Comet NEOWISE: Stargazers to witness a once in a lifetime show from this July 14

The Asian Age.  | Age Correspondent

India, All India

The comet, which would only visit us again after some 6000 years, could be seen with naked eyes for the next 20 days

The comet Neowise or C/2020 F3 is be seen before sunrise over the Allg'u landscape, in Bad W'rishofen, Bavaria. (AP)

Hyderabad: Our skywatchers are in for a treat this month as the C/2020 F3 comet, deemed to be one of the brightest comets to pass earth in decades, would become visible to earthlings from July 14 onwards. Called C/2020 F3 NEOWISE and nicknamed comet NEOWISE, the comet will be visible to the naked eye for 20 minutes every day for the next 20 days, until August, reports say.

"From July 14, C/2020 F3, a comet discovered on March 27, will be clearly visible in the north-western sky. It will be visible after sunset for around 20 minutes for the next 20 days. People can observe it with naked eyes," Odisha planetarium’s Deputy Director, Dr Subhendu Pattnaik, told ANI. The comet will make its closest approach to Earth on July 22-23.

The comet was first discovered by NASA’s Near-Earth Object Wide-field Infrared Survey Explorer, or NEOWISE, in March. The comet made its once-in-our-lifetime close approach to the Sun on July 3, 2020, and will cross outside Earth's orbit on its way back to the outer parts of the solar system by mid-August, NASA reports. The next time it visits? That will be in 8,786, almost over 6,000 years later.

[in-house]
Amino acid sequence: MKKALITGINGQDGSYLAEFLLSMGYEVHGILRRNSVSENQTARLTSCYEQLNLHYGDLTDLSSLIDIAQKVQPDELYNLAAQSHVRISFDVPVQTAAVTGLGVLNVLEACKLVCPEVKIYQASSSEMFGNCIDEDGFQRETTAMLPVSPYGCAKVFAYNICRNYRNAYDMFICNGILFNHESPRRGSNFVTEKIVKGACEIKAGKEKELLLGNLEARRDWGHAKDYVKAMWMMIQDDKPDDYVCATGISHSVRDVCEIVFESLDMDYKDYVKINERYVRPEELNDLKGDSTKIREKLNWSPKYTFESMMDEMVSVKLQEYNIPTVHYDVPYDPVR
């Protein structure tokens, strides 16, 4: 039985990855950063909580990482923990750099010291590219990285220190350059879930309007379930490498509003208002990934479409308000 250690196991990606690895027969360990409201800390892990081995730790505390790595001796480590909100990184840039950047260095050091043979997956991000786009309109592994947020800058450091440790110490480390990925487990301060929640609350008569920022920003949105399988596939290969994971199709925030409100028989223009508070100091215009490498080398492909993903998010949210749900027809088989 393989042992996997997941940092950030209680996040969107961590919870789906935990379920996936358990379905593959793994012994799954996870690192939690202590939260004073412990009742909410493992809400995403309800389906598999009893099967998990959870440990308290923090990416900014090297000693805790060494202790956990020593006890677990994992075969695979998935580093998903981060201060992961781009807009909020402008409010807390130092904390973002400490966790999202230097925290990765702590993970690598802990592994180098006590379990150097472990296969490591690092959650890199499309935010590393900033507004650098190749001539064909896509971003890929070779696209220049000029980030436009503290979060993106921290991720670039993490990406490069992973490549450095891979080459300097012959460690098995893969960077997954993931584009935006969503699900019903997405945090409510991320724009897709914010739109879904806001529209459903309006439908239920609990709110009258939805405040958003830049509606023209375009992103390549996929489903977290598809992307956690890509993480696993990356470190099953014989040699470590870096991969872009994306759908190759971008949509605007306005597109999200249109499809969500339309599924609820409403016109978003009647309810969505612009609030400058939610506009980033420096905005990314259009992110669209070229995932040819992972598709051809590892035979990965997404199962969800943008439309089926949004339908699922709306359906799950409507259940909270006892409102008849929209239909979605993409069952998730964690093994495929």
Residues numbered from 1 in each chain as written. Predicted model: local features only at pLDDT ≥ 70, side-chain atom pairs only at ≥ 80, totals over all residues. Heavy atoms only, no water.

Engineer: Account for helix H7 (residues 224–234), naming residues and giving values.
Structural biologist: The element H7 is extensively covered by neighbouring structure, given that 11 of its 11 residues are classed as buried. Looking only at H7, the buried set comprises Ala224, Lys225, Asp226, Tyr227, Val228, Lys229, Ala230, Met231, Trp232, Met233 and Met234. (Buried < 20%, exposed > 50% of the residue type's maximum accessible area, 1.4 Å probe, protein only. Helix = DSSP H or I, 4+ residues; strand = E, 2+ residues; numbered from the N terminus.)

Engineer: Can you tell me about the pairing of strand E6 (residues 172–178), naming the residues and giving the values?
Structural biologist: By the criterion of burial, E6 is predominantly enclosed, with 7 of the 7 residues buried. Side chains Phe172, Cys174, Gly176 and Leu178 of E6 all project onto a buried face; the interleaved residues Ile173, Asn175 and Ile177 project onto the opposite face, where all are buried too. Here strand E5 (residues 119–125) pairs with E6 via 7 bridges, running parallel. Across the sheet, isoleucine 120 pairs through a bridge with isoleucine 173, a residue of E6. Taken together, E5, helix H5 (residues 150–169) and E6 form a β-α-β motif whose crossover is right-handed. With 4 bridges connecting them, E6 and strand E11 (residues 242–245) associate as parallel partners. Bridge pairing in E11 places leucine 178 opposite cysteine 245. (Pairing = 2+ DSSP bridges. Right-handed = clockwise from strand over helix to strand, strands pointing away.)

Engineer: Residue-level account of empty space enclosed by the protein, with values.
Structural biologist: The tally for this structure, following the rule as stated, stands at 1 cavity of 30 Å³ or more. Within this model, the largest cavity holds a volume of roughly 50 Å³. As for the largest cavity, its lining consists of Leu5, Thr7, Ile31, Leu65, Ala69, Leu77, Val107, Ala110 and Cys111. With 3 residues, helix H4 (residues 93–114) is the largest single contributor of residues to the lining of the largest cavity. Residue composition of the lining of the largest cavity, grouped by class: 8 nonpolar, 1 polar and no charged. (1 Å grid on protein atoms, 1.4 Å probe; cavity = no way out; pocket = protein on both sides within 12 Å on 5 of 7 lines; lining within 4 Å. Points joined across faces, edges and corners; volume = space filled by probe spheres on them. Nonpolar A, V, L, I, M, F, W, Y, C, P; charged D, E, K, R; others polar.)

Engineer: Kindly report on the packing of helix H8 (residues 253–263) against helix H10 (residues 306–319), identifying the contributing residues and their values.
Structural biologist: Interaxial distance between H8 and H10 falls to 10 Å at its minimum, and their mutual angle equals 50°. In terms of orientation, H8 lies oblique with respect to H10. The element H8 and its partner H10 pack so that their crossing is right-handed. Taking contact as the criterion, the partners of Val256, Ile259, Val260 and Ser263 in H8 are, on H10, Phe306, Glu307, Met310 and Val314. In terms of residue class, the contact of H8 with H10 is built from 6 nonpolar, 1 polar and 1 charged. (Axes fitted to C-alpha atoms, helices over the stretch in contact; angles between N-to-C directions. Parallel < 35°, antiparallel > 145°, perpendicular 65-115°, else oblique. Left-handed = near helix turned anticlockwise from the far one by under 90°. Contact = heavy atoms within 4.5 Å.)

Comets are cosmic snowballs of frozen gases, rock and dust that orbit the Sun in a highly elliptical path. When frozen, they are of the size of a few hundred kilometres, or to simply put it, the size of a small town. When a comet's orbit brings it close to the Sun, it heats up and melts, thereby releasing a large amount of dust and gases into a giant glowing head larger than most planets.

About this particular comet, "From its infrared signature, we can tell that it is about 5 kilometres [3 miles] across,” says Joseph Masiero, NEOWISE deputy principal investigator at NASA's Jet Propulsion Laboratory in Southern California, USA. “We can tell that the comet's nucleus is covered with sooty, dark particles leftover from its formation near the birth of our solar system 4.6 billion years ago," he adds.

What we will be able to see is a stunning show, made of dust and gases that form a tail that stretches millions of kilometres away from the Sun in the opposite direction. As known to humankind till now, there are 3,650 comets orbiting the sun currently.